• Monitor food temperatures rigorously. Depending on how out-of-balance the temperature is, you might be able to remedy the problem easily by cooling the food down with ice or heating it up. Use your best judgment to decide if items are too far outside of the intended temperature range, in which case you should toss them out instead.

When it comes to food, it’s always better to be safe than sorry.

General health and safety

It’s not just the food that needs to be carefully monitored and regularly cleaned. The physical restaurant and all your employees also need to be pristine, or else all the hard work that went into preserving the integrity of your ingredients won’t save you in an inspection.

  • Mandate that all employees wash their hands regularly with warm water and soap. Equip your sinks with disinfectant soap and paper towels to make it easy for them to do so between tasks.
  • When appropriate, staff members should wear gloves. Line cooks, for example, should wash their hands before putting on gloves and getting started on a new dish.
  • Fill all the towel buckets with sanitizer.
  • Dishwashers and dishwashing stations should be equipped with sanitization abilities too.

It’s not as easy to control human behavior as it is to manage food safety. However, there are definitive ways to enforce employee health and sanitation standards such as incentive and punishment systems, or simply by adding it to their daily tasks until the behavior is ingrained as routine.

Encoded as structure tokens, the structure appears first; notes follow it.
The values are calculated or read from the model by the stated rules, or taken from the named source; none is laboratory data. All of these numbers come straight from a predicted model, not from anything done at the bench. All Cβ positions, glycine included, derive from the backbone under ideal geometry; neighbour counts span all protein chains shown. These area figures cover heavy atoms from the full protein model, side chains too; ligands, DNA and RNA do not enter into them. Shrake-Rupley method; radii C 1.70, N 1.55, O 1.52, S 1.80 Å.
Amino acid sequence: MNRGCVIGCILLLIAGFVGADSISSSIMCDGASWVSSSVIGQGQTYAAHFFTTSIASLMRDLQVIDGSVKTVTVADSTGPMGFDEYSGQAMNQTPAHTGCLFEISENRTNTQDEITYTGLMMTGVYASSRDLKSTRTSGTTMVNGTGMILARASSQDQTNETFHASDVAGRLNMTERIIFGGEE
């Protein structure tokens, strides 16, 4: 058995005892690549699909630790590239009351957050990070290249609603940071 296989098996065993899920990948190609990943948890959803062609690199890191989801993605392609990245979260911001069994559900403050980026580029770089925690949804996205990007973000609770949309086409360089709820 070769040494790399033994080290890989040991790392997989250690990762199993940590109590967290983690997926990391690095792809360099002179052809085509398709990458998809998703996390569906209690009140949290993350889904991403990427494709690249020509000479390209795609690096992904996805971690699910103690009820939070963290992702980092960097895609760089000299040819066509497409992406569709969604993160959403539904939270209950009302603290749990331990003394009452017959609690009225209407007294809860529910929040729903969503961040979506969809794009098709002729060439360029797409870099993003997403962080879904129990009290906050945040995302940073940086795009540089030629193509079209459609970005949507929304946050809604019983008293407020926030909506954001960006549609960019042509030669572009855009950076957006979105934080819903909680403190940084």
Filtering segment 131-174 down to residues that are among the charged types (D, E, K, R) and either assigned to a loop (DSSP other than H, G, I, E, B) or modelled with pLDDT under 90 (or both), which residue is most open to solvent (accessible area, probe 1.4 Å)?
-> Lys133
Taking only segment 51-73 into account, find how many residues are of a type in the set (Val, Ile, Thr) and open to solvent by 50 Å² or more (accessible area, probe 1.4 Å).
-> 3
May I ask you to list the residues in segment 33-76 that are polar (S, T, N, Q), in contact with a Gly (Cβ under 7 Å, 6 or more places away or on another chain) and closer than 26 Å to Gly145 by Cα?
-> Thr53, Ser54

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Enforcing Safety Standards

It’s important to help your staff understand why enforcing these health and safety standards on a day to day basis is so crucial. If they know what your expectations are and also understand the reasons behind them, critical thinking skills will allow them to circumvent other potential hazards that occur before they even reach management’s radar. As usual in business, honesty and transparency goes a long way.

From a health inspector’s perspective, knowledgeable staff demonstrates the manager’s understanding of the rules and dedication to enforcing them. It implies that you’re following these set standards even when an official isn’t around, thus illustrating your level of respect for compliance standards. A workplace that actively prioritizes safety earns more respect and a better reputation in an inspector’s mind.